Despite his views Maranger stated he felt his hands were tied by our extradition laws ,"it matters not that I hold this view."


In an interview with the Ottawa citizen Mr Diab describes the more than year long surveillance of him and of his rebuffed efforts to co-operate with Canadian authourities.

Exclusive: Hassan Diab speaks Offer to take polygraph test snubbed by RCMP; Tailed by Mounties for a year before his arrest; Suspicious break-in attempt interrupted at couple’s condo

Thursday, August 4, 2011

Kim Jin-suk and her Hope Riders

If you feel that one person can't make a difference then you haven't met Kim Jin-suk yet

On January 6, Kim Jin-suk began her sit-in against her employers plans to shed 400 workers, in the control room of crane No. 85. This was the same place where in October 2003 her co-worker Kim Ju-ik ended his 129-day sit-in protesting 600 job cuts by committing suicide.Two hundred and nine days later she still remains perched atop the crane some 115 feet above the ground.

The company has tried starving her out,cutting off electricity and limiting her ability to communicate with her supporters and the media yet she soldiers on,even in spite of the fact that her union has caved and made a deal with the company to allow a few more workers to retire.

Her supporters who have dubbed themselves the Hope Riders are growing in numbers with each protest, protests by the way that are violently suppressed by the police and company goons, something reminiscent of early 20th century North America.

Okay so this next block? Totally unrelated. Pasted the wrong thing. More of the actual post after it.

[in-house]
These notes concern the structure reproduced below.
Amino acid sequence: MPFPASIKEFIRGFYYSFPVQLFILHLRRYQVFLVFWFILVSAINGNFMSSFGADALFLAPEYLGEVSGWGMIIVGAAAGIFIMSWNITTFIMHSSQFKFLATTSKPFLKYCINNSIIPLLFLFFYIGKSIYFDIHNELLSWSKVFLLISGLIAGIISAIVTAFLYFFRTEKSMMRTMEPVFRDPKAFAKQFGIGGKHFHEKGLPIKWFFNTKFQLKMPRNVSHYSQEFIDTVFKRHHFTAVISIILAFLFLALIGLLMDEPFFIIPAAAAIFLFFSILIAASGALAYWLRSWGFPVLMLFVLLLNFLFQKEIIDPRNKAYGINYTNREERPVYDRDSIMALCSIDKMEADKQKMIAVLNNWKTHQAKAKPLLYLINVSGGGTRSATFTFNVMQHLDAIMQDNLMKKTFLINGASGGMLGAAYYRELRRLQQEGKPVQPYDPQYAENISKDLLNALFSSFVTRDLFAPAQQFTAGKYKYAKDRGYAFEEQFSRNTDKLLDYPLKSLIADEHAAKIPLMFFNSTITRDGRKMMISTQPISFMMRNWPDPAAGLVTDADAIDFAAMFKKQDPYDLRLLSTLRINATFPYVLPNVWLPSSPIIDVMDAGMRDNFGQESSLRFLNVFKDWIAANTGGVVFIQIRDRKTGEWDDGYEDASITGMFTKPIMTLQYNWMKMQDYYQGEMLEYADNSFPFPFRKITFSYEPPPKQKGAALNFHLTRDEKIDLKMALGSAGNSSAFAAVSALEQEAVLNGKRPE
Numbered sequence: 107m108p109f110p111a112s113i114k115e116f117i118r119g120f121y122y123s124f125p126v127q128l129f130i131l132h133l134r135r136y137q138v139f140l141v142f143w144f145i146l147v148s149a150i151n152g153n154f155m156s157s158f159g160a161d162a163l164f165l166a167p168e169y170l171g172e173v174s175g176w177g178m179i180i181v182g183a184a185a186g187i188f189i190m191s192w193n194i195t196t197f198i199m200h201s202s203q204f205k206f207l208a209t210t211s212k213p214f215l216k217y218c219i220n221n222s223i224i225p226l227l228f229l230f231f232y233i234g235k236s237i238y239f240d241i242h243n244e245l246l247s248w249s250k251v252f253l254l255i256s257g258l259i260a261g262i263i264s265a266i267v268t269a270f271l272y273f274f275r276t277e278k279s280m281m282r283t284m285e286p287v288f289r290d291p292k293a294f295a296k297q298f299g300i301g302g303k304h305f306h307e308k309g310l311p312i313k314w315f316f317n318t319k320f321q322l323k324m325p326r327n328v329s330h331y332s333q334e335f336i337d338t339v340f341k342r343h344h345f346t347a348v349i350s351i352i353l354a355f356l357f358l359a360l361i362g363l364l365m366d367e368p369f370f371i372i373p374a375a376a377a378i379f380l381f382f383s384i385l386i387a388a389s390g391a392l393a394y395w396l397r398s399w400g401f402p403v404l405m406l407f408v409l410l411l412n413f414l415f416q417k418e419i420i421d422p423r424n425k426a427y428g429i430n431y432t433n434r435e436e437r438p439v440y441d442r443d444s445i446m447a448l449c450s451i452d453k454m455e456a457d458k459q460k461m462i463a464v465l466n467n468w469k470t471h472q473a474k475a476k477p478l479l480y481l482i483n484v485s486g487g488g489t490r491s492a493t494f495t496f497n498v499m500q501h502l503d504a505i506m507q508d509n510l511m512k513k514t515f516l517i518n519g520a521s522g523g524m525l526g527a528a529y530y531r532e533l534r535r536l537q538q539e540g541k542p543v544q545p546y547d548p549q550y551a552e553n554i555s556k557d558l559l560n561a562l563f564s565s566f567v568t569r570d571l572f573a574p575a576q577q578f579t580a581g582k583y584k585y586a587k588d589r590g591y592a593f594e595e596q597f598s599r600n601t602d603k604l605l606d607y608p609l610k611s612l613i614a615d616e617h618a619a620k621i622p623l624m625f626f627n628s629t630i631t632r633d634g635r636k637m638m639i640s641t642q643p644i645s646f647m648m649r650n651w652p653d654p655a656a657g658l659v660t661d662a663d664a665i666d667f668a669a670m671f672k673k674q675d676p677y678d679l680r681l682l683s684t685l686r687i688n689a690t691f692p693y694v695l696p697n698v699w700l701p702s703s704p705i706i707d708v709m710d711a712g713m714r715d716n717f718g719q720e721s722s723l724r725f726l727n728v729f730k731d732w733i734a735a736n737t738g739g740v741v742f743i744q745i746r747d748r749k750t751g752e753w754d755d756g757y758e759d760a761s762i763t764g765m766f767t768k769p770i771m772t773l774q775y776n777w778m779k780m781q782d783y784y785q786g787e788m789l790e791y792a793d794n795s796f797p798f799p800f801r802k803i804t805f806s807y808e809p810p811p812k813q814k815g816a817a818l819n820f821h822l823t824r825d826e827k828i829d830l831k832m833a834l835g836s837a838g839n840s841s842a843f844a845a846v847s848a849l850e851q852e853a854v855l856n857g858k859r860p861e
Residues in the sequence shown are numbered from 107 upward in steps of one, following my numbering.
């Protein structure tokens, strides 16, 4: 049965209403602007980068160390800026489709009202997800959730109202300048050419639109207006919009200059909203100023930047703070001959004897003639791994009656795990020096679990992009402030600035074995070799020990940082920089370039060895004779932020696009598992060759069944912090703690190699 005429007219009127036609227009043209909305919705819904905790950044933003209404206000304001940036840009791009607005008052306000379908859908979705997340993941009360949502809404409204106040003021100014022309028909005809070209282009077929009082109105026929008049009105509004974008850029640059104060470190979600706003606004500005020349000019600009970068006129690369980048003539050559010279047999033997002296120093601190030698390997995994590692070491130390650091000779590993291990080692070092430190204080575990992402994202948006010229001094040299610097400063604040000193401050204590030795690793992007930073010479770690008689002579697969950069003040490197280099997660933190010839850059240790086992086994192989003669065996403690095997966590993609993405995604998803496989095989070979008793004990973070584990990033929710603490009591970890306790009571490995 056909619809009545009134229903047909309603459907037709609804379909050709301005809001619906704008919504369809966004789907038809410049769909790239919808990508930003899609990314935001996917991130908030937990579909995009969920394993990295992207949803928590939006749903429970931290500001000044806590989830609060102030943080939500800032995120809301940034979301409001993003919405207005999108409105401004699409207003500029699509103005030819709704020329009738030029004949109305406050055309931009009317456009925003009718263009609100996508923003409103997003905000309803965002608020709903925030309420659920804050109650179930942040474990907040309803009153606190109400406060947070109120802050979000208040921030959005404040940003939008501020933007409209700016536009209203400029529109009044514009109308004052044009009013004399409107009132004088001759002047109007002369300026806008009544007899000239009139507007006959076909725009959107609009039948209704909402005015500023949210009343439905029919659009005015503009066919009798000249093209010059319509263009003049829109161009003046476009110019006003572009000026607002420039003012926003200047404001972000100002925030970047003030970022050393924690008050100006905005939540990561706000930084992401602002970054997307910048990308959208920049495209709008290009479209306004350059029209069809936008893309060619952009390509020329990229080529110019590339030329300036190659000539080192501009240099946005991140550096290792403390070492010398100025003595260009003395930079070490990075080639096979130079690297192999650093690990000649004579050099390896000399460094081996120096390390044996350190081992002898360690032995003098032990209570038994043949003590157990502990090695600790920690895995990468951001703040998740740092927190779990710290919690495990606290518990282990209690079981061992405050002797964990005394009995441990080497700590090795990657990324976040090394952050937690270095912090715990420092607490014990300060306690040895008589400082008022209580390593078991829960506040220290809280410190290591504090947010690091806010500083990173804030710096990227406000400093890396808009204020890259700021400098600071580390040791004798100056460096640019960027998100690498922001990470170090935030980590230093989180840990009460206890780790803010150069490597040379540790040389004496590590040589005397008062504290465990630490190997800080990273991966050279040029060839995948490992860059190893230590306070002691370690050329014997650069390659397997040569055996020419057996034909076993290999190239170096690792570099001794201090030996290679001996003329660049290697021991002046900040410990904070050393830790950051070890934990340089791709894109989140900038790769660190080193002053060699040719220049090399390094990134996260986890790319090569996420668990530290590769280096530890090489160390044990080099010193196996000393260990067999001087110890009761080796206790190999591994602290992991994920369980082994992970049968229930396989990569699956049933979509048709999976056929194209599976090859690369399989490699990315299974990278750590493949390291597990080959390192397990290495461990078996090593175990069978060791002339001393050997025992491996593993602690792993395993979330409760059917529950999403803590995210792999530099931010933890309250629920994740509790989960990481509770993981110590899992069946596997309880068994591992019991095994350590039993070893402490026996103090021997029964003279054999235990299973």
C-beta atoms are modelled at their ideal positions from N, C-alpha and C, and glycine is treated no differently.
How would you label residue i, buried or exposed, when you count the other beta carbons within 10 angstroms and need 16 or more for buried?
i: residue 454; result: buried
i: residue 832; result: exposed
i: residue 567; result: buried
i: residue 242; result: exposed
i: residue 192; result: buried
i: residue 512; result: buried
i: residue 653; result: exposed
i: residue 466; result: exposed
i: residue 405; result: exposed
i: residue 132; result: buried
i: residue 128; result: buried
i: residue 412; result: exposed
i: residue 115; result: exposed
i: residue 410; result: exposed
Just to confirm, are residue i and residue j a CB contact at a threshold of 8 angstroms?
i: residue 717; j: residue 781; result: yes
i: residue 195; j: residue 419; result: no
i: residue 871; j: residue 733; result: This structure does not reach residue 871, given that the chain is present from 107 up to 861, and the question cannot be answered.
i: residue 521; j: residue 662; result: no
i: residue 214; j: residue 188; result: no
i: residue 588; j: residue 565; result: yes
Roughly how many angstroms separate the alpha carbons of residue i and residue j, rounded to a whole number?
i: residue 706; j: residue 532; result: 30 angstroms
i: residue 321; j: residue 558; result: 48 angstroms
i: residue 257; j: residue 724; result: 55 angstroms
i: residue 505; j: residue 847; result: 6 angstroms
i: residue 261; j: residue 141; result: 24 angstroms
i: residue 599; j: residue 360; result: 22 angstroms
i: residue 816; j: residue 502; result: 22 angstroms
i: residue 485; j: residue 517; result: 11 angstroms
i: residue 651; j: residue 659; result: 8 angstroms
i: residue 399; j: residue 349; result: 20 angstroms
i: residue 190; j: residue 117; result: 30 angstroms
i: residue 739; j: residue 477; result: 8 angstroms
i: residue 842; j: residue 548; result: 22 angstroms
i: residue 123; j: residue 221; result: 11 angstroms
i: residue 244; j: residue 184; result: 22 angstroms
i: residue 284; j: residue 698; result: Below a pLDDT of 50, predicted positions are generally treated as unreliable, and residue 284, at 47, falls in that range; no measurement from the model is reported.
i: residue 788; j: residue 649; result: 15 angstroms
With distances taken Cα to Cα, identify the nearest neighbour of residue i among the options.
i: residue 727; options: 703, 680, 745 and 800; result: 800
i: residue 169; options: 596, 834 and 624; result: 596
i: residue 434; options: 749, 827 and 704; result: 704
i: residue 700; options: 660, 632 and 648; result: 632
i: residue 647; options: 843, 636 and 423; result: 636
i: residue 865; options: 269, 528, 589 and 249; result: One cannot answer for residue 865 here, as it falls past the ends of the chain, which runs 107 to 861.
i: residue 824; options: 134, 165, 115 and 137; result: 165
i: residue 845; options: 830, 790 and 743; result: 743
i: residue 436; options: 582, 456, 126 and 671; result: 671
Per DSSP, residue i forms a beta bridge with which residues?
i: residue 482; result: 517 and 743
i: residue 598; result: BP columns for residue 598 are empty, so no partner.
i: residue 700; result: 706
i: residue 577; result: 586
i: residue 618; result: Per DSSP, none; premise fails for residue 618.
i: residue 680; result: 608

During a July 10 march, the police used water cannons to blast protesters with PAVA—a new and particularly dangerous form of pepper spray—leaving many collapsing.

This week the Hope Riders were successful in reaching the base of the crane where Kim was able to address them
“Until tonight, we could not envision getting off the bus of despair that is crashing towards corruption, destruction and barbarism. Now, we have built a bus on our own. On the bus bound for hope and bound for the future, we are all drivers. Kim Jin-suk
Supporters flew 200 sky lanterns, lighting up the night.

Here is an excellent report fom AJStream that includes a brief interview with Kim Jin-suk



Monday, August 1, 2011

Rewriting History

 We Canadians just love believing fictions about ourselves especially when they allow us to climb up on high and sneeringly look down on others from a position of perceived  superiority.

Well we can now officially add to our long list of delusions the fiction that Canadian Banks were not "bailed out" during the financial crisis. This is yet another example of a lie when repeated often enough, perversely becoming accepted as reality.

The "Best banking system in the world" in fact received at least $236 billion from the Canadian and US governments in bail out funds, of that total Canada chipped in $125B and the US $111B

One could argue whether or not they needed to be bailed out,however the fact that they were is a reality.The mere fact that our money was used to shelter these institutions from the consequences of their risky and perhaps fraudulent practices was in my opinion criminal, particularly so if one chooses to believe that they didn't actually need to be bailed out at all.